Alice in Wonderland - Magritte's version of Caroll's tale. Actually, Magritte despised the fact Lewis Caroll considered his fables as so many dreams.

“What is concealed is more important than what is open to view: this was true both of his own fears and of his manner of depicting the mysterious. If he wrapped a body in linen, if he spread curtains or wall-hangings, if he concealed heads under hoods, then it was not so much to hide as to achieve an effect of alienation.” ---------- Unlike many other types of painting such as impressionism or expressionism, where the eye of a viewer discovers more and more detail with each viewing, Magritte is of a different order – it isn’t our eyes so much as our cognitive conceptions and preconceptions that must be engaged. Even without a linen covering, when we peer into someone’s face, how clearly do we really see the other person and how deep is our connection to those we claim to see? Is alienation, isolation and separation from others our human condition?

Magritte's The Lovers

“Magritte did not dream while painting – he saw himself as a “realist painter” dominated by the inspirations which emanated from his thoughts – but the fact remains that he saw the pictorial likeness as a means of “objectifying the subjective.” ---------- And that’s “objectifying the subjective” as in starting with one’s individual feelings in approaching abstract ideas and then expressing those abstract ideas in particular concrete terms. With his Golconde, I strongly suspect Magritte had strong feelings about the routinization and standardization of much of modern life. For me, this painting has an immediate power far surpassing any sociological theory.

Magritte's Golconde

“A Surrealist just one year after the publication of Breton’s “Manifesto” Magritte chose to become a “realistic painter”, one for whom reality – in other words, what we see all the time – is the privileged medium for turning convention in its head and transforming it into an enigma and, at the same time, revealing to the greatest degree possible, the mystery that it contains within it.” ---------- It is the combination that defines the Surrealist turn. With Treasure Island we behold birds as plants or is that plants as birds, growing not in a fertile field but on a barren shore. Yet again another variation on the Surrealist “Where the umbrella meets the sewing machine on the operating table.”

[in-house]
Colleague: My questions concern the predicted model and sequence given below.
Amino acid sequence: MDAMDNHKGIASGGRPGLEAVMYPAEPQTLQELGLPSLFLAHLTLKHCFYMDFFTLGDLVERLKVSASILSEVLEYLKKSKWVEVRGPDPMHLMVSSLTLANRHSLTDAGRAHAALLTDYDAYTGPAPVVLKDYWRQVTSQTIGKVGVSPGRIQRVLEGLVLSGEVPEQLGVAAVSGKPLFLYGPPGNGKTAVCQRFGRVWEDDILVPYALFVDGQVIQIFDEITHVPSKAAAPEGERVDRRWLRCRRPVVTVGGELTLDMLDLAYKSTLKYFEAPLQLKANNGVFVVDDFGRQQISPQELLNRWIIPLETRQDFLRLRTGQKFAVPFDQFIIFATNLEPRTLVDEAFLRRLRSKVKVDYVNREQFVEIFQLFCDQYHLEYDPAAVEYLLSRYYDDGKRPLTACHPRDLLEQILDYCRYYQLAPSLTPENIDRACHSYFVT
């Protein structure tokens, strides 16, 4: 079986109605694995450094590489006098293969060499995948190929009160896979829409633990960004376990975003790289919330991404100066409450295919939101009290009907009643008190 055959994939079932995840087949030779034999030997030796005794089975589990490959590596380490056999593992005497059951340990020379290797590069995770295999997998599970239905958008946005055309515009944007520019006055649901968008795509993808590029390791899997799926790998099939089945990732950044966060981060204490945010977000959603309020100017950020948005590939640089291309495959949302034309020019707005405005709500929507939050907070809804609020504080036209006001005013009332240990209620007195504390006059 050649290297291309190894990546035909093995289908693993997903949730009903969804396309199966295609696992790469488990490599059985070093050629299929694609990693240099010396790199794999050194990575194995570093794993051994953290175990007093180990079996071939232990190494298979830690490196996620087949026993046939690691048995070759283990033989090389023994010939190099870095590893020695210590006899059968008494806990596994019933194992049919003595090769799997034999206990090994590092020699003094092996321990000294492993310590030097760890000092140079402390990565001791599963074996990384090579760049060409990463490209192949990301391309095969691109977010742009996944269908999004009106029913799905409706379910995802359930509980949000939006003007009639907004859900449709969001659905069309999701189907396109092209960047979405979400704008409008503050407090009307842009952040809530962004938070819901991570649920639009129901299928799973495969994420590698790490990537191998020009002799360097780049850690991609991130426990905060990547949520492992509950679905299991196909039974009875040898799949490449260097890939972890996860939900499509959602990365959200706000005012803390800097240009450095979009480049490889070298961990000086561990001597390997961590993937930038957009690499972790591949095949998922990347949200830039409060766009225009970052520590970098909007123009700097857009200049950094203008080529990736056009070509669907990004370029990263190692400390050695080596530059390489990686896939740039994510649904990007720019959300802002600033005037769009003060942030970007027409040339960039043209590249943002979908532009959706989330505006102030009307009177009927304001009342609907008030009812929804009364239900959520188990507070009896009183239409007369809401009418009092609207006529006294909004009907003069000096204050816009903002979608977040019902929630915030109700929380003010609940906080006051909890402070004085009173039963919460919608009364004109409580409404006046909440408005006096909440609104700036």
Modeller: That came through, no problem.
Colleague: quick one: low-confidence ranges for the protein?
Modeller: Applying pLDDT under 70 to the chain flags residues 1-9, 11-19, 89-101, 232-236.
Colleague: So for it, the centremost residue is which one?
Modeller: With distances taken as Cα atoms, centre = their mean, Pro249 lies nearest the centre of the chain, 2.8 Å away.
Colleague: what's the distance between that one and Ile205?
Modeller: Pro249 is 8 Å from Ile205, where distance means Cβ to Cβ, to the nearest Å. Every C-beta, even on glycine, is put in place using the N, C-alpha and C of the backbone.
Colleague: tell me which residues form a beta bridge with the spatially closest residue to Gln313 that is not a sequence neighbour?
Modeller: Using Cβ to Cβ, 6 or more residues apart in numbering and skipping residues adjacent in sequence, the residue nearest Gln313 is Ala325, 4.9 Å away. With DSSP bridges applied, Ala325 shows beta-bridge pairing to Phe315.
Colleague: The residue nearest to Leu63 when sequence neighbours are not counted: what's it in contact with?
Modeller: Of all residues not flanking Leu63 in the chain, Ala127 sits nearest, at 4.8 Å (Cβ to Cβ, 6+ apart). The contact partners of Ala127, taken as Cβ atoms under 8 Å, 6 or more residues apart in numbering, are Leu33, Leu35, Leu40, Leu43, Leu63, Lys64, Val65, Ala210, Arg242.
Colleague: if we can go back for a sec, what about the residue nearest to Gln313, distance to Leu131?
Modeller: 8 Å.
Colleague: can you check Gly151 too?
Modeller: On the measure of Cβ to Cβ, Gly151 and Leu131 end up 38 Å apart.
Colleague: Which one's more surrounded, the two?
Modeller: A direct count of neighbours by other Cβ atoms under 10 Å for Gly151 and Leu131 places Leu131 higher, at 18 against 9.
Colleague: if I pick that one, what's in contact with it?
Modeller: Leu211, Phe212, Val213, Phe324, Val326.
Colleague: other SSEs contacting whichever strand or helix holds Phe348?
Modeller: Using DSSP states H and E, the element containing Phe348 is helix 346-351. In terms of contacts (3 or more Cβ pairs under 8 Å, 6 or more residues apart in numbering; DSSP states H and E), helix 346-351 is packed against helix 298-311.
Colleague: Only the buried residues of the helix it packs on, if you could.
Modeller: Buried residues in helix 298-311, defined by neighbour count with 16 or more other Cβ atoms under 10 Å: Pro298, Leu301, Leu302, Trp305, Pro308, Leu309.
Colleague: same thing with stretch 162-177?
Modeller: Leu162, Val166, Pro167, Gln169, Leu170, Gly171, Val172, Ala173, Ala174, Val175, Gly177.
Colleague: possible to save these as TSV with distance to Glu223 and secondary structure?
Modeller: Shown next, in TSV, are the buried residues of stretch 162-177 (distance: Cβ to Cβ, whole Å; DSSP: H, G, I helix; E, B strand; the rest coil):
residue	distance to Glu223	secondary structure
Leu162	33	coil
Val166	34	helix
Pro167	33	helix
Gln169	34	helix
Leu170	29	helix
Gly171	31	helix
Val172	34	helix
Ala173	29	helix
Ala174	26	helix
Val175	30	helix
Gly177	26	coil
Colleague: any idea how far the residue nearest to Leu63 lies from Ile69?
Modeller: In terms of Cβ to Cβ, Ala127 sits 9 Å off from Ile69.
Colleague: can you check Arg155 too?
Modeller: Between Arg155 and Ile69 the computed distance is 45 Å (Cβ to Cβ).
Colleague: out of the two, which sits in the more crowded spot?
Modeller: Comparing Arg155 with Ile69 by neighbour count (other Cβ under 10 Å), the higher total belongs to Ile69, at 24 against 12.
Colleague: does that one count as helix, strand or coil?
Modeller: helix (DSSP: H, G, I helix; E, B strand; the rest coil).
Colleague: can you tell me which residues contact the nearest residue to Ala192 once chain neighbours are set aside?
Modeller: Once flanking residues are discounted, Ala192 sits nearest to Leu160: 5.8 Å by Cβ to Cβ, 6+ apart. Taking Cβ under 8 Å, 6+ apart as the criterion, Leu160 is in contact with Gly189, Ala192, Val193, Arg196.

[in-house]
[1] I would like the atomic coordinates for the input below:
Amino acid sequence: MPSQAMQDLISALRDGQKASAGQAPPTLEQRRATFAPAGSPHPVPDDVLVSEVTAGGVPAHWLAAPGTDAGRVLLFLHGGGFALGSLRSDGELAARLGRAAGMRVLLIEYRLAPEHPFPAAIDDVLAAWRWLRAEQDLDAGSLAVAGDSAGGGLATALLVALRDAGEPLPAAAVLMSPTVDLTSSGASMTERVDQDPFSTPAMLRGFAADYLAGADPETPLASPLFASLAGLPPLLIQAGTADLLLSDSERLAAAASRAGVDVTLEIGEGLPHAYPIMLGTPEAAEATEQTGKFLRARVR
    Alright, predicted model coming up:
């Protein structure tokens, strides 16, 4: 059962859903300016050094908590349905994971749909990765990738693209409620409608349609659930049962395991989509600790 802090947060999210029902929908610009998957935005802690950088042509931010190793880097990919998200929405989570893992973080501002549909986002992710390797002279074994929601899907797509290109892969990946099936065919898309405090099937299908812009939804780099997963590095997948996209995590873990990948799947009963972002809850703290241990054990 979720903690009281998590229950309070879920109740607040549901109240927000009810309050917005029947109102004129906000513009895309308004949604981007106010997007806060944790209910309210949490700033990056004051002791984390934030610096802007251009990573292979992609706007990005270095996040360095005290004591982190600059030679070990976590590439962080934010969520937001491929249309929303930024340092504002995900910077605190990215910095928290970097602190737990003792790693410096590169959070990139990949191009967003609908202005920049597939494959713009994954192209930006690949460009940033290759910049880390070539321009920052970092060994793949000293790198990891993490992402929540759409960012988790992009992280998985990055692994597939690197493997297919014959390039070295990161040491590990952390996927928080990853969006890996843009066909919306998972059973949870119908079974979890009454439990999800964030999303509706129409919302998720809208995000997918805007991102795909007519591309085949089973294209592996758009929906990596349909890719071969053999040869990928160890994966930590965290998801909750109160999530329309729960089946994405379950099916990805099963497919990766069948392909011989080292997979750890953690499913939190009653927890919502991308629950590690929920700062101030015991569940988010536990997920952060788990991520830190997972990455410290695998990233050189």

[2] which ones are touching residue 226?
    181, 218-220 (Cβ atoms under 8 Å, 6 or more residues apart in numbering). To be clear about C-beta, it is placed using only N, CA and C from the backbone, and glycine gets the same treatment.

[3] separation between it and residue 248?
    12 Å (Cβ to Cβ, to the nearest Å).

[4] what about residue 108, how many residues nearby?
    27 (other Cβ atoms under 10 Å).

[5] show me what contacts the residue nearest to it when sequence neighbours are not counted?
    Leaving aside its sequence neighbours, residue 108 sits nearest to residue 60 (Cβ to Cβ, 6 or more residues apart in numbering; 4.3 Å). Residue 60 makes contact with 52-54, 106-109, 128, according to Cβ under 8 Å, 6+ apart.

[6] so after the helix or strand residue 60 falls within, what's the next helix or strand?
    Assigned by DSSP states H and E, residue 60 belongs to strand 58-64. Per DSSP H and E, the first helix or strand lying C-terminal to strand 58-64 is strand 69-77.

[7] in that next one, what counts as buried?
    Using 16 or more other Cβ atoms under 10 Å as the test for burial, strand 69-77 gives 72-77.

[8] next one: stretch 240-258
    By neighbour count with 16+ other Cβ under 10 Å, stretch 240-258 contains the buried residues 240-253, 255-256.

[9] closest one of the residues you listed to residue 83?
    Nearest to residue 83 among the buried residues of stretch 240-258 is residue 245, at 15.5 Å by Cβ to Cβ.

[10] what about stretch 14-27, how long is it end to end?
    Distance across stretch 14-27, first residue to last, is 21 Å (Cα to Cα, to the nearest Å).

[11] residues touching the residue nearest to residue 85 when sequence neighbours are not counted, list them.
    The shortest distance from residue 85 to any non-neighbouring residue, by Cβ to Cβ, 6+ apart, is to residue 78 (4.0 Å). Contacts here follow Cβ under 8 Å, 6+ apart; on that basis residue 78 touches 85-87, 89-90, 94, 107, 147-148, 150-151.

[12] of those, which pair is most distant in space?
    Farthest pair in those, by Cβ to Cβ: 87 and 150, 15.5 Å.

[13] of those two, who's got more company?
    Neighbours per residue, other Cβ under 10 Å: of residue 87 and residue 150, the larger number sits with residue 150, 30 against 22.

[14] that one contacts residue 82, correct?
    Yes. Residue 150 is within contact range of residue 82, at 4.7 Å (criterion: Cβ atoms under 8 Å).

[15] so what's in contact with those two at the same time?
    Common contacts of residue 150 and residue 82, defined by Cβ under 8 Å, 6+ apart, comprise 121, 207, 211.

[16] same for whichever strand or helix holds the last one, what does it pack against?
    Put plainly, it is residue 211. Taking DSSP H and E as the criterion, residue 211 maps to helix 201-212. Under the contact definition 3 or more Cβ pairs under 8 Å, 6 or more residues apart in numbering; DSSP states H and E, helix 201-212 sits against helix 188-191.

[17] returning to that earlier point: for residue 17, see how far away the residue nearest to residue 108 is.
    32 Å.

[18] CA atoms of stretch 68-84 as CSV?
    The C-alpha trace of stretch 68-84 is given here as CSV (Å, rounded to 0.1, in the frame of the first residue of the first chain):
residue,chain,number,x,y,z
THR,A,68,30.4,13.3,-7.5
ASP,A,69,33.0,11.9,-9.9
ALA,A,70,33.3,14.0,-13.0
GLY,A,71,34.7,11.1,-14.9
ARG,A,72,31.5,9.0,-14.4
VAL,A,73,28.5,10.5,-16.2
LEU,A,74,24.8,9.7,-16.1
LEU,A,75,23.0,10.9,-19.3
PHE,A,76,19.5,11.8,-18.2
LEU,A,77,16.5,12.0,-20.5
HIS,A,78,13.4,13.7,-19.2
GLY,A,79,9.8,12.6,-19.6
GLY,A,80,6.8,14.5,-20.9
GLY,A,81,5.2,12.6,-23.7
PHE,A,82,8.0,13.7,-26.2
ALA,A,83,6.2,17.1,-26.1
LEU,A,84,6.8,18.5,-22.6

Magritte's Treasure Island

“Magritte wrote a great deal: letters, pamphlets, manifestos, explanatory texts on his intentions. Reluctant as he often seems to have been to do so, he was frequently asked to explain his paintings and to make them comprehensible.” ---------- What is your painting about, sir? What does it represent? Perhaps one way of approaching such questions would be in the spirit of a patent John Cage reply: “That question is so interesting, I wouldn’t want to spoil it with an answer.”

Magritte's Zeno's Arrow

“His painting choice was based, from the very beginning of his definitely Surrealist period, on an observation whose actual implications were not understood until later: namely that by the most faithful reproductions of objects, things – including people – and all that we see around us in everyday life, one can force the beholders of these images to question their own condition.” ---------- That’s the eerie thing – common everyday objects placed in extraordinary settings.